Washington: China remains concerned about strategic ramifications of India's rising economic, political, and military power even as it quickly modernises its own military, according to a new US defence department report.
With sights set on extending its influence deep into the Pacific and Indian oceans, the People's Liberation Army is advancing across the board commensurate with China's burgeoning economic power, said Pentagon's annual report to Congress on China's military Monday.
"To improve regional deterrence, the PLA has replaced older liquid-fuelled, nuclear capable CSS-3 intermediate-range ballistic missiles with more advanced and survivable solid-fuelled CSS-5 MRBMs and may be developing contingency plans to move airborne troops into the region," the report said.
"China is currently investing in road development along the Sino-Indian border primarily to facilitate economic development in western China," it said noting "improved roads would also support PLA border defence operations.
The 83-page report, "Military and Security Developments Involving the People's Republic of China" noted "China has deepened its ties with India through increased trade, high-level dialogues, and an improved military-to-military relationship."
"China and India agreed to boost trade from $11.4 billion in 2007 to $40 billion in 2010, and they have held several rounds of dialogue over disputed territorial claims.
"Sino-Indian Defence ties were institutionalised in 2007 with the establishment of an Annual Defence Dialogue and by conducting three bilateral Defence exercises since 2007."
"Nonetheless, Beijing remains concerned with persistent disputes along China's shared border with India and the strategic ramifications of India's rising economic, political, and military power," the Pentagon said.
"Despite increased political and economic relations over the years between China and India, tensions remain along their shared 4,057 km border, most notably over Arunachal Pradesh, which China asserts is part of Tibet and therefore of China, and over the Askai Chin region at the western end of the Tibetan Plateau," the report said.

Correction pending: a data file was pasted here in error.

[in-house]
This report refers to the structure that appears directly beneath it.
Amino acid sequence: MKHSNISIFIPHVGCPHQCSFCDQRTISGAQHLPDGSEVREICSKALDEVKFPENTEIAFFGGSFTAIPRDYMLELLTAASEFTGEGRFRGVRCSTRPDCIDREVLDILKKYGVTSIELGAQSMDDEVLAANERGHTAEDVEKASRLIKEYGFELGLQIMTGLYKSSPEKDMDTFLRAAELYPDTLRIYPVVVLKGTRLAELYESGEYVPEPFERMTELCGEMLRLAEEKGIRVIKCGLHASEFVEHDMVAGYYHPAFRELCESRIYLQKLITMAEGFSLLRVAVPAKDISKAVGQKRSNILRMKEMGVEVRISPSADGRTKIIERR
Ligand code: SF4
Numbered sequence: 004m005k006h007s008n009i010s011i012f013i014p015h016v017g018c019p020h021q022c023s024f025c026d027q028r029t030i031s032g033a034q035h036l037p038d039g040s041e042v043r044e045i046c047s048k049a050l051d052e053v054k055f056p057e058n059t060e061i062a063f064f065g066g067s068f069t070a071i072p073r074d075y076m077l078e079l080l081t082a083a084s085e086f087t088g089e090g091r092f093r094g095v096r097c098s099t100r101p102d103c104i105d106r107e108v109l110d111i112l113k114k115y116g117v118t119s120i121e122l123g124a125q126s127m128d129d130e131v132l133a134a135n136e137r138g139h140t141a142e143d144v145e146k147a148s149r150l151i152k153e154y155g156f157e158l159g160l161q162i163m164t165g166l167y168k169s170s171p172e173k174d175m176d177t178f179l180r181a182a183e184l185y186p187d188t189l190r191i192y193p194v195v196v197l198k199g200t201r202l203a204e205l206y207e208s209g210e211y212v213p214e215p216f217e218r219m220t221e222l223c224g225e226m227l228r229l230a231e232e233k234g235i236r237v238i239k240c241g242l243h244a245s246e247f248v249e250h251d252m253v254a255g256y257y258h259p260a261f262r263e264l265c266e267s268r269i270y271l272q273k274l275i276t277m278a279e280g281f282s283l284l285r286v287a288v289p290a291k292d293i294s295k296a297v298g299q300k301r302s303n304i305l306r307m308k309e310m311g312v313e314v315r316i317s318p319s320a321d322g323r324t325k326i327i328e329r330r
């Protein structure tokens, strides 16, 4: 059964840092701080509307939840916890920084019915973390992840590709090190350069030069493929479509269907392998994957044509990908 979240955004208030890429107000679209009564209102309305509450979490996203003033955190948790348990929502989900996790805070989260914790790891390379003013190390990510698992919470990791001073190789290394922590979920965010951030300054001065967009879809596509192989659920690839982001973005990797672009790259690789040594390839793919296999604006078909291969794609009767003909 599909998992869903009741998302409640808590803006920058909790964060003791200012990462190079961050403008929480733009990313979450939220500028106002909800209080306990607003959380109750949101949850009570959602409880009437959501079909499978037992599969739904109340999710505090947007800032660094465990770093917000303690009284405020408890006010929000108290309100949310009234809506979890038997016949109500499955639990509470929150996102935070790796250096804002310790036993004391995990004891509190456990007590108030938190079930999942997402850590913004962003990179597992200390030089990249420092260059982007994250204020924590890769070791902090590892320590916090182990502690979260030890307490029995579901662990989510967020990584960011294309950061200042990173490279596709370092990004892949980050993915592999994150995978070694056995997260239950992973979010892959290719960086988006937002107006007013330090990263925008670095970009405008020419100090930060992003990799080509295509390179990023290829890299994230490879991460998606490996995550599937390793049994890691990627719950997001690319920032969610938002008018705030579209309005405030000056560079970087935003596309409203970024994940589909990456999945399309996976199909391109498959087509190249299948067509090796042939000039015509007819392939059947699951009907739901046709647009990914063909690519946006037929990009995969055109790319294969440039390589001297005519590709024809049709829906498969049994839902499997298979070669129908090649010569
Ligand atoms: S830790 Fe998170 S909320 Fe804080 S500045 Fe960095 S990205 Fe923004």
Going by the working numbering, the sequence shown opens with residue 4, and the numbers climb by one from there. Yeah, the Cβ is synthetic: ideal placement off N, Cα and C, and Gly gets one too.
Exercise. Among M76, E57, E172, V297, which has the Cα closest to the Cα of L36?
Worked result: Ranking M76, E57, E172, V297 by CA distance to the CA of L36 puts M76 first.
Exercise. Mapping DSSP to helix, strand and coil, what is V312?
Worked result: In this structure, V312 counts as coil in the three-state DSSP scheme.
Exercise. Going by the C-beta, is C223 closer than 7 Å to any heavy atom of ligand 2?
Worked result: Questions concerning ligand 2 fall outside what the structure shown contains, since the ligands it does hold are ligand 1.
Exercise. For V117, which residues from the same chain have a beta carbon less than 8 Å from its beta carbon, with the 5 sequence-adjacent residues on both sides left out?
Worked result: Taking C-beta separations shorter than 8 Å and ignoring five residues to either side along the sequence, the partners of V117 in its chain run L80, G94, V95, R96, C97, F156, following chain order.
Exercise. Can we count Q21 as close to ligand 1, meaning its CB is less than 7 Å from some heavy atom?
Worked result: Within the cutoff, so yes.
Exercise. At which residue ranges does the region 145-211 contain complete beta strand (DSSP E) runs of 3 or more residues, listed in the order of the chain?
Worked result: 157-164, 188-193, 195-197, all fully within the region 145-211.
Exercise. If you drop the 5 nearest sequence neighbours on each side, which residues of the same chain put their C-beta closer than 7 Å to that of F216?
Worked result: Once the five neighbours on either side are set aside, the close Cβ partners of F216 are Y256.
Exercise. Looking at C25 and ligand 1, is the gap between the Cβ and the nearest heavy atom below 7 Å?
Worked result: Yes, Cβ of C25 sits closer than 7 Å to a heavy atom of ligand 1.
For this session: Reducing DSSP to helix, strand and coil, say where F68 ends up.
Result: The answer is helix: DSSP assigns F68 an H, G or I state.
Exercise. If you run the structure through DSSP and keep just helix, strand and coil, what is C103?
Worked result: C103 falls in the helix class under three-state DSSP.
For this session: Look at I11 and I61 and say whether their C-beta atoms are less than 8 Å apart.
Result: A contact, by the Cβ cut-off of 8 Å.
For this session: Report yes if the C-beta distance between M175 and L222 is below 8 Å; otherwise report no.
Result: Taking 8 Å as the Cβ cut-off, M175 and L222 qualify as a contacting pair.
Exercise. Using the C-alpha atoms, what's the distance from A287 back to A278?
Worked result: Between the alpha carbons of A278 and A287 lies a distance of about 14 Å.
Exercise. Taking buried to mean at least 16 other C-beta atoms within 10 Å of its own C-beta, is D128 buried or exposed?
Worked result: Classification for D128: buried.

Suggesting both countries in 2009 stepped up efforts to assert their claims, the report recalled "China tried to block a $2.9 billion loan to India from the Asian Development Bank, claiming part of the loan would have been used for water projects in Arunachal Pradesh (India's northeastern state bordering China)."
"This represented the first time China sought to influence this dispute (China lays claims to Arunachal Pradesh) through a multilateral institution," it said.
Turning to China's cyberwarfare capabilities, the report noted "In March 2009, Canadian researchers uncovered an electronic spy network, apparently based mainly in China, which had reportedly infiltrated Indian and other nations' government offices around the world. More than 1,300 computers in 103 countries were identified."
Listing numerous areas in which China's military is on the march, the report said China is developing and fielding large numbers of advanced medium-range ballistic and cruise missiles and deploying a new class of nuclear-powered submarines equipped with intercontinental ballistic missiles.
It is also pouring money into "increasingly capable long-range air Defence systems, electronic warfare and computer network attack capabilities, advanced fighter aircraft, and counter-space systems."
China has "the most active land-based ballistic and cruise missile programme in the world," the report said. Beijing "now possesses one of the largest" forces of surface-to-air missiles in the world, it added. And it has the "largest force of principal combatants, submarines, and amphibious warfare ships in Asia."
First Published: Wednesday, August 18, 2010, 00:03